Google Assistant is Tightening Approval for Voice Apps Directed at Kids, Planning to Remove Google Actions without Approved Mobile Apps
The rules for creating Google Assistant Actions for Families (AFF) are getting stricter. The AFF program will be restricted to developers with apps on Google Play marked Teacher Approved. Since the middle of last year, Google Action developers could qualify for this program without a mobile app. This will mean that a number of Google Actions that were developed as voice experiences but didn’t begin as mobile apps will no longer qualify and are likely to be removed from the Action directory altogether.
Google sent an email to developers explaining the updated AFF program is to ensure that child and family-friendly Google Assistant Actions are what they claim to be. The company doesn’t mention any particular inciting incident that led to the update, so it could just be an item on the to-do list that the company has finally gotten around to this month. The new restrictions begin on Feb. 11 this year.
Approved Actions in the AFF program will be identified with a badge in the Assistant directory like the one seen above that lets parents know it’s family-friendly. Any developer with an Action in the AFF program has to reapply and prove they have a Teacher Approved app in the Google Play store and submit their action for review. Any that aren’t approved will be shut down entirely on Feb. 11th.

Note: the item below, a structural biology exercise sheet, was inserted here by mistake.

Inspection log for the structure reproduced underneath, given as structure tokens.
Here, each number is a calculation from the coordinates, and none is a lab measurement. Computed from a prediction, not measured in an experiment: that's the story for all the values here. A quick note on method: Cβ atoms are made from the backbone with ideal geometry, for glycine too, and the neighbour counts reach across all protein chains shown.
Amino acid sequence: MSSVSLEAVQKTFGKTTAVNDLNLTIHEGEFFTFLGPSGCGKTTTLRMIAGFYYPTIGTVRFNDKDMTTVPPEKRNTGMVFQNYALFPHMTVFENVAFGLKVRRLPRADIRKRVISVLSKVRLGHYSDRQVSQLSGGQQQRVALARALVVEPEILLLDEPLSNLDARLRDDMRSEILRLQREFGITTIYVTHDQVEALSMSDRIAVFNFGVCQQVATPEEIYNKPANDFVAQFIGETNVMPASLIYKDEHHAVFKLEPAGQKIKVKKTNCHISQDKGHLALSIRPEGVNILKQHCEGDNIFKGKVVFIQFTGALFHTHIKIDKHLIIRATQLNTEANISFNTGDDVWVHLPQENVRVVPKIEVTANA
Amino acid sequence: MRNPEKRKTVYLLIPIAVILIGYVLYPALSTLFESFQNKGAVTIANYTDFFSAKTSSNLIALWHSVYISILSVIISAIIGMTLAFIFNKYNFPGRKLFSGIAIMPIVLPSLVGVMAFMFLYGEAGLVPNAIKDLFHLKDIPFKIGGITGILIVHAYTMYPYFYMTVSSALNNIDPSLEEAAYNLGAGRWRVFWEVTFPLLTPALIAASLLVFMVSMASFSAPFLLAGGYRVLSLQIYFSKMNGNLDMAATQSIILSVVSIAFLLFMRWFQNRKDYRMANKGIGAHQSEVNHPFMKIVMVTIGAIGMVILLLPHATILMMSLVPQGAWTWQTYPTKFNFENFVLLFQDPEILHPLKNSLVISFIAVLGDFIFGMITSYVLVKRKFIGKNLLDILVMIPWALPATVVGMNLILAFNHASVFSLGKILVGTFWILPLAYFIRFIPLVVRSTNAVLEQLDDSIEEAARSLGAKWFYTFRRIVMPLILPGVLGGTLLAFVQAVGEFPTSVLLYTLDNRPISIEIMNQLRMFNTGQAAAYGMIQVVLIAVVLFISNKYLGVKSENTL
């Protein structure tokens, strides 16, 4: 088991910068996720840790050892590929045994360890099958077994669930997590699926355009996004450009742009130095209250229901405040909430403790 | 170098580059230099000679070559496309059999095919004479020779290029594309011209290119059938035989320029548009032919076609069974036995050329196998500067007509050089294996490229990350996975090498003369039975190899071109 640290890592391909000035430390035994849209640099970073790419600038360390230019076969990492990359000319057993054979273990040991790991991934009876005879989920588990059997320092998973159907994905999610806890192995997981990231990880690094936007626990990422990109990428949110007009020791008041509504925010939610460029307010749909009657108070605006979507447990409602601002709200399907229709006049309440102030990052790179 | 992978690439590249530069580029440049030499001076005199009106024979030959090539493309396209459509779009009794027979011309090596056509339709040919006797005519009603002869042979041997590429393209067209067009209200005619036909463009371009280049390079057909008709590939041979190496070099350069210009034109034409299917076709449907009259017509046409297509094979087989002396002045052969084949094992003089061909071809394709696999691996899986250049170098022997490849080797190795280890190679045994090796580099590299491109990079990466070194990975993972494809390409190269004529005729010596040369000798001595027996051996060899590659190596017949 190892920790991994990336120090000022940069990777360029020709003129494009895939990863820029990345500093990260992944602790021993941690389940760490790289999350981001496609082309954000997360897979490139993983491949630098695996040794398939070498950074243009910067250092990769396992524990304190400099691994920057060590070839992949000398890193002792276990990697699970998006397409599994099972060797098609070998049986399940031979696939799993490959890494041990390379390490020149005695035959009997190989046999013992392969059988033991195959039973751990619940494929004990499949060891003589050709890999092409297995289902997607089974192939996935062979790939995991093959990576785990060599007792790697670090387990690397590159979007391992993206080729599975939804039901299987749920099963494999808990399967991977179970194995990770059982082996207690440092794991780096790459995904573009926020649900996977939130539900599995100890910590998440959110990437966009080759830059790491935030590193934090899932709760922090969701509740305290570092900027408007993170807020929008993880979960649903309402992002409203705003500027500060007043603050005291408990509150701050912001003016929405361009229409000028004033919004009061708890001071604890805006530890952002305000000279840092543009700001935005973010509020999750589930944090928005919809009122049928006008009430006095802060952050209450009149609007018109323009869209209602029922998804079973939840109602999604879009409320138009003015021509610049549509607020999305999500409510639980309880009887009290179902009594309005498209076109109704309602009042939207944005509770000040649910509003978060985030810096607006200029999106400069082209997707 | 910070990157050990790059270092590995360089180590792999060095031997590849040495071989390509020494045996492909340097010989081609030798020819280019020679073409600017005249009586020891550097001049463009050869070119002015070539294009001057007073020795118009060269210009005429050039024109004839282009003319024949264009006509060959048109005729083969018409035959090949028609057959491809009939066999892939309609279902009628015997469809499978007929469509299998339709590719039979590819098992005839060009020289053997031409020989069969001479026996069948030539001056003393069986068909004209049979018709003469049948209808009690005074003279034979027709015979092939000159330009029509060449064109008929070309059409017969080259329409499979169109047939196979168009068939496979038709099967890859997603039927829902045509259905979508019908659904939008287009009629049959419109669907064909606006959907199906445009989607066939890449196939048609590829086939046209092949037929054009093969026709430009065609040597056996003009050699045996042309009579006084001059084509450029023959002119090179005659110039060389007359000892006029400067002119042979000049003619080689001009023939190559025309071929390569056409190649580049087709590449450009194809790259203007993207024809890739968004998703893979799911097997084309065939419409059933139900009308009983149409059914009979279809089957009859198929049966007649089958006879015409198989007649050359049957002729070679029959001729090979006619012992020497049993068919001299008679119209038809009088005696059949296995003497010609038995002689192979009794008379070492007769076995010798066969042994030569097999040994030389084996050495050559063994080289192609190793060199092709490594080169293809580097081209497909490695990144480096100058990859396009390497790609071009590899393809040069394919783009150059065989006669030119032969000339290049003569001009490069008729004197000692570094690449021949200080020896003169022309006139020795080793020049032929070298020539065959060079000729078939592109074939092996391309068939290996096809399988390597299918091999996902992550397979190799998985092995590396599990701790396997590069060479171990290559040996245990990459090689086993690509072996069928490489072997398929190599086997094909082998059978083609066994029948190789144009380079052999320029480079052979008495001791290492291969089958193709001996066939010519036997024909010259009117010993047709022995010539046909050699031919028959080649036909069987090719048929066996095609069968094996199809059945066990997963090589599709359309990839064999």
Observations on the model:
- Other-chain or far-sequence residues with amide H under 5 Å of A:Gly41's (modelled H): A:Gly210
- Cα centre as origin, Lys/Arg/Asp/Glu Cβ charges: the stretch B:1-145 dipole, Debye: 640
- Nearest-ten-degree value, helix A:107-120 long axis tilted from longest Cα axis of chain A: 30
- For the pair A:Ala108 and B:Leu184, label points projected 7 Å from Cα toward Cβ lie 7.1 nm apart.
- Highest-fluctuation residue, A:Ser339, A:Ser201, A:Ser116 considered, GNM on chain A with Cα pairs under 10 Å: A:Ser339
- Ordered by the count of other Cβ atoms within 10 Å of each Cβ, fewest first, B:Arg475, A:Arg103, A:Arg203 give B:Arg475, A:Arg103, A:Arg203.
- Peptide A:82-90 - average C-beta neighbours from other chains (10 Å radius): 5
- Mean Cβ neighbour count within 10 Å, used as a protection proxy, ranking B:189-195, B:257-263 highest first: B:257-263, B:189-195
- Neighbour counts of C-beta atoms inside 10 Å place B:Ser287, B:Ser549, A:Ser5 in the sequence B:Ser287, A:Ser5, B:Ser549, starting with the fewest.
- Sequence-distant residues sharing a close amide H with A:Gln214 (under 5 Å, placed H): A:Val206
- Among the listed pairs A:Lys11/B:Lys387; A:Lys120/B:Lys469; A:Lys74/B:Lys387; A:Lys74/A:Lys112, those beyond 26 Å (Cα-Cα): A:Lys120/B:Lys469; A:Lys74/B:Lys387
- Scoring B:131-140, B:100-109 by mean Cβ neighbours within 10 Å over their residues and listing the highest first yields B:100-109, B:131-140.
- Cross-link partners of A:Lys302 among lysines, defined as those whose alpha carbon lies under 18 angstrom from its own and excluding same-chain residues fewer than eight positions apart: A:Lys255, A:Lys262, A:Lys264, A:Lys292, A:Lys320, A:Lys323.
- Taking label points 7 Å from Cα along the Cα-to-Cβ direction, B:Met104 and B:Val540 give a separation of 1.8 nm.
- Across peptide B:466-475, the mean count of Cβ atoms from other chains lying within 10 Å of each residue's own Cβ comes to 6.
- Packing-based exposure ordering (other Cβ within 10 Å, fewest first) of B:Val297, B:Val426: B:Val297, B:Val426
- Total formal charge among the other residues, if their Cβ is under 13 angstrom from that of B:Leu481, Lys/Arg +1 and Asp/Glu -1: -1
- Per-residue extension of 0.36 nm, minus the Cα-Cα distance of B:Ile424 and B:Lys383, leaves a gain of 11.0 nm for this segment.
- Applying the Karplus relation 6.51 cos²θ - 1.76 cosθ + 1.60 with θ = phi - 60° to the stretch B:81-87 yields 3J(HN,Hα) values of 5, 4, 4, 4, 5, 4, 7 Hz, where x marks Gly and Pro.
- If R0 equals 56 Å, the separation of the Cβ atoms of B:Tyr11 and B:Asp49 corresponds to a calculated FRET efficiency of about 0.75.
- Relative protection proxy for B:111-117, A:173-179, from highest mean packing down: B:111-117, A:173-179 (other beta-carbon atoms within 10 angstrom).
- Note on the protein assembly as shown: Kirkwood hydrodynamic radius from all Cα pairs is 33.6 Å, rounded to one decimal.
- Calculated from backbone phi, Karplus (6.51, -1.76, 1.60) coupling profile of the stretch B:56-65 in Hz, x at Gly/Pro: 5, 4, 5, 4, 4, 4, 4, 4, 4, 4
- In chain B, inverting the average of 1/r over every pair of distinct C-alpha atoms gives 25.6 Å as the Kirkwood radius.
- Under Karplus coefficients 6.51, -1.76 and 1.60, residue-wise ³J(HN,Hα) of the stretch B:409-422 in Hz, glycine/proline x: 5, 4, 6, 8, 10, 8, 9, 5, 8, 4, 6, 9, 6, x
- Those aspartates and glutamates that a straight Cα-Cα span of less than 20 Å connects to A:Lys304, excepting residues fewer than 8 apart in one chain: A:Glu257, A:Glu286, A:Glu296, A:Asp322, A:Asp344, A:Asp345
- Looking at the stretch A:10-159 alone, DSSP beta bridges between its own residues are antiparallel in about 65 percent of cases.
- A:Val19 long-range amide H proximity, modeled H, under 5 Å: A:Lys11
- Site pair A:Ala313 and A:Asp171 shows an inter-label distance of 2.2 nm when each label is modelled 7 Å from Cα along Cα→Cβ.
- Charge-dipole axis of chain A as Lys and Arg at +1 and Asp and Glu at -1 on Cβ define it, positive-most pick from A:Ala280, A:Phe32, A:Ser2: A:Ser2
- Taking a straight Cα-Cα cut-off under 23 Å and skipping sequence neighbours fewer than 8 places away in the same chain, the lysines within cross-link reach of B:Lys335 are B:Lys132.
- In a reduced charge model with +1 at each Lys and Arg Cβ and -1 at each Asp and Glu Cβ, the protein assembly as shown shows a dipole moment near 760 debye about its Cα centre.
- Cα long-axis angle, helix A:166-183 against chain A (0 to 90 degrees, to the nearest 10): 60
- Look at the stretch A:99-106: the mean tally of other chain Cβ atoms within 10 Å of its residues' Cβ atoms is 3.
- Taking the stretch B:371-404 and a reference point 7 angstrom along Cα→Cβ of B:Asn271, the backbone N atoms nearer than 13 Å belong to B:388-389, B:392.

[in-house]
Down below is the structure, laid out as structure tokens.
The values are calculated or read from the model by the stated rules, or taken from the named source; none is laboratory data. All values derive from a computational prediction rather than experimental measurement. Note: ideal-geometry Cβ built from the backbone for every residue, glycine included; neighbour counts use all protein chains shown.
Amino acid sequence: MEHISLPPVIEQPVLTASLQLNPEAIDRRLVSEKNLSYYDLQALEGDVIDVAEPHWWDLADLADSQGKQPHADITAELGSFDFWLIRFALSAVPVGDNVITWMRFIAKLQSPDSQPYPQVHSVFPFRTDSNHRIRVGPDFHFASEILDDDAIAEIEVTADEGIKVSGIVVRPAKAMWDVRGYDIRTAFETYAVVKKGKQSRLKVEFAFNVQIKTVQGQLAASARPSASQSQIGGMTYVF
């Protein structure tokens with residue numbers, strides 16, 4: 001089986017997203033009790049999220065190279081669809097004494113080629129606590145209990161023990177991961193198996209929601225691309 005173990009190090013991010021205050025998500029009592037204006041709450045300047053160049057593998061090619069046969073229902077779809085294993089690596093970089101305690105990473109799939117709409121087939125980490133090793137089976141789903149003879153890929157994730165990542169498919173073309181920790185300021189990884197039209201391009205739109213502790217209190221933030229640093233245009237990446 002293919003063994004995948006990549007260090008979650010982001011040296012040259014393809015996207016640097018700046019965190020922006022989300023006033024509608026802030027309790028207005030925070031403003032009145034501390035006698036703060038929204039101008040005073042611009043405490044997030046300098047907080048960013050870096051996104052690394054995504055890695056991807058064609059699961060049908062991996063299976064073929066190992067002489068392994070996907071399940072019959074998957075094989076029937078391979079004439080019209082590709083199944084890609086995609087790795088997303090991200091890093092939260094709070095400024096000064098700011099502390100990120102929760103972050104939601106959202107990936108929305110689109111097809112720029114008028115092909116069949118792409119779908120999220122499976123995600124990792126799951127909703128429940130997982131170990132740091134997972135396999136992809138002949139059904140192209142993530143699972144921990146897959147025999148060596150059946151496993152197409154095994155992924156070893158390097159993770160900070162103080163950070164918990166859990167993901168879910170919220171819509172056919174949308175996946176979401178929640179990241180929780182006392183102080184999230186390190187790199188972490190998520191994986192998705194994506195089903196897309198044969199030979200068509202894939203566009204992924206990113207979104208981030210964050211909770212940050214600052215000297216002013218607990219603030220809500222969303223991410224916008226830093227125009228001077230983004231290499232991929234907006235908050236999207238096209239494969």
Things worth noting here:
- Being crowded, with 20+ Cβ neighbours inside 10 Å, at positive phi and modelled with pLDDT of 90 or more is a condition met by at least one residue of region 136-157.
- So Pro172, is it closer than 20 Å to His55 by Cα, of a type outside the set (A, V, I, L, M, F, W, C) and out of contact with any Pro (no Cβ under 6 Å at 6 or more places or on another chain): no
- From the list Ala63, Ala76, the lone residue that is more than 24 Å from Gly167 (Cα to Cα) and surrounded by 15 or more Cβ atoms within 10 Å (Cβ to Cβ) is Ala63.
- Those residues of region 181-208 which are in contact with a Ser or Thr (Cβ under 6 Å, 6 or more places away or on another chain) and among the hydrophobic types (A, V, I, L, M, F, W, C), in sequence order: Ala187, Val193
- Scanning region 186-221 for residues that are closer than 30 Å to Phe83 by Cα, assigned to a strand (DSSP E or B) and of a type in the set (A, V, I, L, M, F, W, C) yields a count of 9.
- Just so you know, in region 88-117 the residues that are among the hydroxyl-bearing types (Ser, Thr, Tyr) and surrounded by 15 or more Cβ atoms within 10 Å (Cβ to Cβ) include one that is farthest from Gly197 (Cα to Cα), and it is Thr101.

This is of great concern to several Google Assistant Action developers that contacted Voicebot. These developers did not have an interest in publishing mobile apps for Android. Some don’t have any experience in this segment at all. The announced change means they will have to invest in building out a new capability for mobile apps just to keep their child-oriented voice app live in the Google Actions directory. A more likely scenario is they simply abandon the platform and their work to date.
As more families and kids get smart speakers and displays, it makes sense that Google would become more concerned with making sure the kid-friendly material is what it claims. That’s very true for Google Assistant, which has been upgrading its app discovery and games interface of late. When a kid asks Google Assistant to play a game, Google wants to be sure it’s clear which ones are appropriate for them. On smart displays, Google updated the main portal, with a lobby to show featured and top-ranked games similar to how the Google Play Store looks. That makes the family-friendly badge, or its absence, extra noticeable.
Google Assistant has been notably child and family-focused over the last year. The new Family Bell feature is all about helping homeschool kids while reading tutor app Rivet would become part of Google Assistant in October. The badge may help ease the concerns of parents who worry about privacy and security when it comes to their children. Google and Amazon are both dealing with ongoing lawsuits on the matter, so everything Google can do to make parents feel better about the matter is a good thing for them. Of course, even if parents trust the badge on Google Assistant, that doesn’t mean kids will be thrilled. There’s some evidence that younger children especially don’t trust voice assistants. You can read the full text of the email sent to developers below.